Advertisement

Does Acute Improvement in Muscle Recovery with Curcumin Supplementation Translate to Long-Term Training?

  • Brian K. McFarlinEmail author
  • Elizabeth A. Tanner
  • Melody A. Gary
  • Asheal A. Davis
  • Erin M. Bowman
  • Richard S. Gary
Review Article

Abstract

Dietary polyphenols, such as curcumin, green tea catechins, and pomegranate extract, may have the ability to enhance the effectiveness of long-term training programs by managing training-induced inflammation. Enhanced recovery may translate to increased capacity to train and perform more effectively. The dietary polyphenol curcumin has been reported to block the action of COX-2 and NF-kB signaling and would allow for increased capacity to train leading to heightened adaptations and the potential for ergogenic outcomes. These actions are very similar to the targeted actions of non-steroidal anti-inflammatory drugs (NSAIDs), but without the side-effects of NSAIDs. This review will compare and contrast the known effects of curcumin and identify common design elements between existing studies. Through this critical review of the existing literature it is our goal to establish a set of best practices that could be applied to an athletic population that is interested in using oral curcumin supplementation as a recovery agent.

Keywords

Exercise-induced muscle injury Inflammatory cytokines Inflammation Soreness Distance running Exercise training 

Introduction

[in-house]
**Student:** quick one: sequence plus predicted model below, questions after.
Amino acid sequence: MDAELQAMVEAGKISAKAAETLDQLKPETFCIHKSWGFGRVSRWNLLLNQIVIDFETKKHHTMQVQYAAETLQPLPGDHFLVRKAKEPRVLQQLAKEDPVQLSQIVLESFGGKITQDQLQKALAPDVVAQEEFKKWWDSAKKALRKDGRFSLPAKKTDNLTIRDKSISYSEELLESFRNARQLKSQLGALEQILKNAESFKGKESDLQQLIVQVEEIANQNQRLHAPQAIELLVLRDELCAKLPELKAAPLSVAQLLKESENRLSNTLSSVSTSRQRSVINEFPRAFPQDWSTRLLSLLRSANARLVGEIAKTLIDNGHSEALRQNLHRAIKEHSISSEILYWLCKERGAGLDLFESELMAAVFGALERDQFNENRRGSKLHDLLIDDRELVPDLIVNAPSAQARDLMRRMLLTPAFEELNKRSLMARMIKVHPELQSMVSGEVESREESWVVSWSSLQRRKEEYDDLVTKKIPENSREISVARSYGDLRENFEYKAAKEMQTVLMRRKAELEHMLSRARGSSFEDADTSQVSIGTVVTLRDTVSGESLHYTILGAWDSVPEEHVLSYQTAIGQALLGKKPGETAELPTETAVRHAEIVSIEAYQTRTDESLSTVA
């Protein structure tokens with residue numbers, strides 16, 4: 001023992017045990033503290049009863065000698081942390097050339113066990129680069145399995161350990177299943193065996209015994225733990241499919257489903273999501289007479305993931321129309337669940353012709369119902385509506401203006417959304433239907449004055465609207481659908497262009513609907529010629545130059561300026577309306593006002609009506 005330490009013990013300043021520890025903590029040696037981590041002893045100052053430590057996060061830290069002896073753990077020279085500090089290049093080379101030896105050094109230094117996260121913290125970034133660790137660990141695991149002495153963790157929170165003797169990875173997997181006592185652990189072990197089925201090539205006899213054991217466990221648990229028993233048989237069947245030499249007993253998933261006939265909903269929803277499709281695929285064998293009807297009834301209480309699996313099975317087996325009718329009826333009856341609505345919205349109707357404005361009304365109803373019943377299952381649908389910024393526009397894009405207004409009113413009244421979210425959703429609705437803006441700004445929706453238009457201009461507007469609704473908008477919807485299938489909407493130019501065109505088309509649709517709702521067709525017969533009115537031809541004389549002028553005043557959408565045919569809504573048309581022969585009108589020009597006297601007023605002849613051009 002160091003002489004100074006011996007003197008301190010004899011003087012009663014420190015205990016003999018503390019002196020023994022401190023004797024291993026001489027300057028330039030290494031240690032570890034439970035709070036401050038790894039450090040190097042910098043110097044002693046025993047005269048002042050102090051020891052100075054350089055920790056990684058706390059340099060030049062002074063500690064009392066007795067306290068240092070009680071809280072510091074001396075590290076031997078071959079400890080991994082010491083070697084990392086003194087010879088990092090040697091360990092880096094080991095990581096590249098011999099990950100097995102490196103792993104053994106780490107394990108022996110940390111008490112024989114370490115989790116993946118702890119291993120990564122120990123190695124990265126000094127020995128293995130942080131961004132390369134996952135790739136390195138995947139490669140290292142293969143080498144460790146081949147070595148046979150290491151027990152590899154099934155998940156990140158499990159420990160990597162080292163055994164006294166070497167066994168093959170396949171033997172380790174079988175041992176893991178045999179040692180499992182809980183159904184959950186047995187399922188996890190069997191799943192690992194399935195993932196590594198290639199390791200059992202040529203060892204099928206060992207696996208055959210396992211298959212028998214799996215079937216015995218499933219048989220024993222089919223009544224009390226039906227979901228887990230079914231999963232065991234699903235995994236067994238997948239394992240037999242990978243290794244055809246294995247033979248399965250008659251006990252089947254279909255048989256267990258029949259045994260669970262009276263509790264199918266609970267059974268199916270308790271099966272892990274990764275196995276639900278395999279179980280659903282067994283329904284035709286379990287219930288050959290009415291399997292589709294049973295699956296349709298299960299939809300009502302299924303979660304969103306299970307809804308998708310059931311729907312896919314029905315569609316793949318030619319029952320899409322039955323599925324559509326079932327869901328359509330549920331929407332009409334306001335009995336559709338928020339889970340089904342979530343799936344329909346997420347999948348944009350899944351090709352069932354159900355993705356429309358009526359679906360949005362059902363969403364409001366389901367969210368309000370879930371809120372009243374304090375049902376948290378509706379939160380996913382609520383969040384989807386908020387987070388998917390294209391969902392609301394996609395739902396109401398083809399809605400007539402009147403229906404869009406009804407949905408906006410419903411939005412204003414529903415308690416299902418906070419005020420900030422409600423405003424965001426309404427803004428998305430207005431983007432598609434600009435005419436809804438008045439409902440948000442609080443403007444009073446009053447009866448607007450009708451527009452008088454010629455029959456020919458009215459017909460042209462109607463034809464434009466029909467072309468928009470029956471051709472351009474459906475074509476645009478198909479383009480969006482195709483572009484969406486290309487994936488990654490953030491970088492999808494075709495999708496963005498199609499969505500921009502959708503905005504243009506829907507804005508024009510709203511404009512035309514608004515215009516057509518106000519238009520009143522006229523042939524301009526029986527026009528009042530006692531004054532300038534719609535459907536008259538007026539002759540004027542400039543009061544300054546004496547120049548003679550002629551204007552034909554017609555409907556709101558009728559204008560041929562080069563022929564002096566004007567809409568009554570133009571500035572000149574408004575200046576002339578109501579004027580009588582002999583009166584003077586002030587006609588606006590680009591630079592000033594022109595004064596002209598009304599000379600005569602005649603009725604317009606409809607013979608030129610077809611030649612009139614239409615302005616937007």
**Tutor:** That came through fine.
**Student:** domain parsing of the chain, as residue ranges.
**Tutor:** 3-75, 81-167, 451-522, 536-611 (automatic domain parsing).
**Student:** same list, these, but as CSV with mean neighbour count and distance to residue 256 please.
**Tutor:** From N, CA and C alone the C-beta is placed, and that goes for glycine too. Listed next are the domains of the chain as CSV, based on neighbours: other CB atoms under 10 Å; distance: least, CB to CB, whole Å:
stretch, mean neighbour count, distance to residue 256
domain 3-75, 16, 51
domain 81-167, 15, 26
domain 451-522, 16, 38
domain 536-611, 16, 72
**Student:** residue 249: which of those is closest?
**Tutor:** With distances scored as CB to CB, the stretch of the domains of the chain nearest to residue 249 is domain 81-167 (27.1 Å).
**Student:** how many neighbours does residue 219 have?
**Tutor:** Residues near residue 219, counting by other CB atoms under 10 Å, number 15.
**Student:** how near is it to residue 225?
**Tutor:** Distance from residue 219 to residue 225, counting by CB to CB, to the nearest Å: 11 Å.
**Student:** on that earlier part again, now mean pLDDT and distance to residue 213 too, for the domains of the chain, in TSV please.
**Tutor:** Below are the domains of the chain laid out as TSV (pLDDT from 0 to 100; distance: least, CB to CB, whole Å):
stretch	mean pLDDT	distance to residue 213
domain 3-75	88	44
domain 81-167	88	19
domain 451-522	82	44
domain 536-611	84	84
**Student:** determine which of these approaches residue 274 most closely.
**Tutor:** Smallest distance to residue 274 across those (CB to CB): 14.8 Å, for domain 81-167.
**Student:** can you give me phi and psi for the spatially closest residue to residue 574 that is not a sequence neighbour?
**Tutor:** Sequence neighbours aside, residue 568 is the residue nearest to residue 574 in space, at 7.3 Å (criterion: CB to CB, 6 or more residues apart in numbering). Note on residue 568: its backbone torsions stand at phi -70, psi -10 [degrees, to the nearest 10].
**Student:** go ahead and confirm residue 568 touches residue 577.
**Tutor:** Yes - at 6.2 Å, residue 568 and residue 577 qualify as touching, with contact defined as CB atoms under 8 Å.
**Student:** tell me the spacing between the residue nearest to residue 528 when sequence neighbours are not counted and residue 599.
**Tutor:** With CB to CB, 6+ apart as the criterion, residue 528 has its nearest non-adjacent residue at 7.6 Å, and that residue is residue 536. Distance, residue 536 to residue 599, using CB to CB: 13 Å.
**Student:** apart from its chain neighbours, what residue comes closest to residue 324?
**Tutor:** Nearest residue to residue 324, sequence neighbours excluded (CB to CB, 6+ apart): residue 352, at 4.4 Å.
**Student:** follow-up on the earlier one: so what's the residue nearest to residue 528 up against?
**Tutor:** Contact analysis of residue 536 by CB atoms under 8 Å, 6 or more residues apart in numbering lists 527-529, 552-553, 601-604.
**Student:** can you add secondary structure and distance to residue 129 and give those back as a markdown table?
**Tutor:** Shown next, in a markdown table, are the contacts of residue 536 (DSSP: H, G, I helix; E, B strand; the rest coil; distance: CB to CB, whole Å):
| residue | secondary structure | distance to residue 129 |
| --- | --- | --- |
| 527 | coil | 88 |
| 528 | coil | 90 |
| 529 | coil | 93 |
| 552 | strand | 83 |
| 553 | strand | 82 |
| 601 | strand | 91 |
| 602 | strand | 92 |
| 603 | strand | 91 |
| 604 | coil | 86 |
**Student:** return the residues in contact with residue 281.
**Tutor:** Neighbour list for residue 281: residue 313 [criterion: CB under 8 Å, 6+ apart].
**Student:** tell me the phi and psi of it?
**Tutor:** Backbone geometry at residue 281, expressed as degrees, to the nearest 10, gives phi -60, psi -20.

A comprehensive training program includes a variety of exercise modes, intensities, and durations [9, 12, 25, 28, 33, 35]. While using a variety of exercise stimuli may improve training efficiency, greater stimuli should lead to greater potential for harms such as overtraining or incomplete recovery [3]. This is not a fault of the person training as it is often not recognized that a given volume of exercise might be too much until an injury occurs. In turn, these higher levels of inflammation and soreness limit performance in subsequent training sessions or competitive events [14]. Traditional treatments (i.e. cryotherapy, massage, stretching, etc.) lack the evidence-based support to consistently improve recovery time course [16, 31, 36]. Improved recovery time course may be defined as fewer days to recovery, reduced severity of soreness/inflammation during recovery, or a combination of the two. Some regular exercisers turn to NSAIDs to relieve soreness and inflammation associated with an excessive training session, but this approach blunts inflammation, potentially blocking the first stage of healing [1, 32, 37]. Also, despite the perceived benefits of NSAIDs, clinical research demonstrates that NSAIDs do not necessarily restore muscle performance and may hinder recovery [32]. Given the negative effects of habitual NSAID treatment on the central nervous system, long-term use is not advised even if NSAIDs did improve recovery [1]. As regular exercisers continue to push the boundaries of athletic performance, critical research and development is needed to identify substances, such as dietary polyphenols like curcumin, that can limit inflammation and oxidative stress without the negative consequences associated with NSAIDs. This review has been structured to provide the biological mechanism of action for oral curcumin supplementation in the context of exercise recovery. Current literature is limited with regard to the role of curcumin supplementation as a component of a comprehensive training program.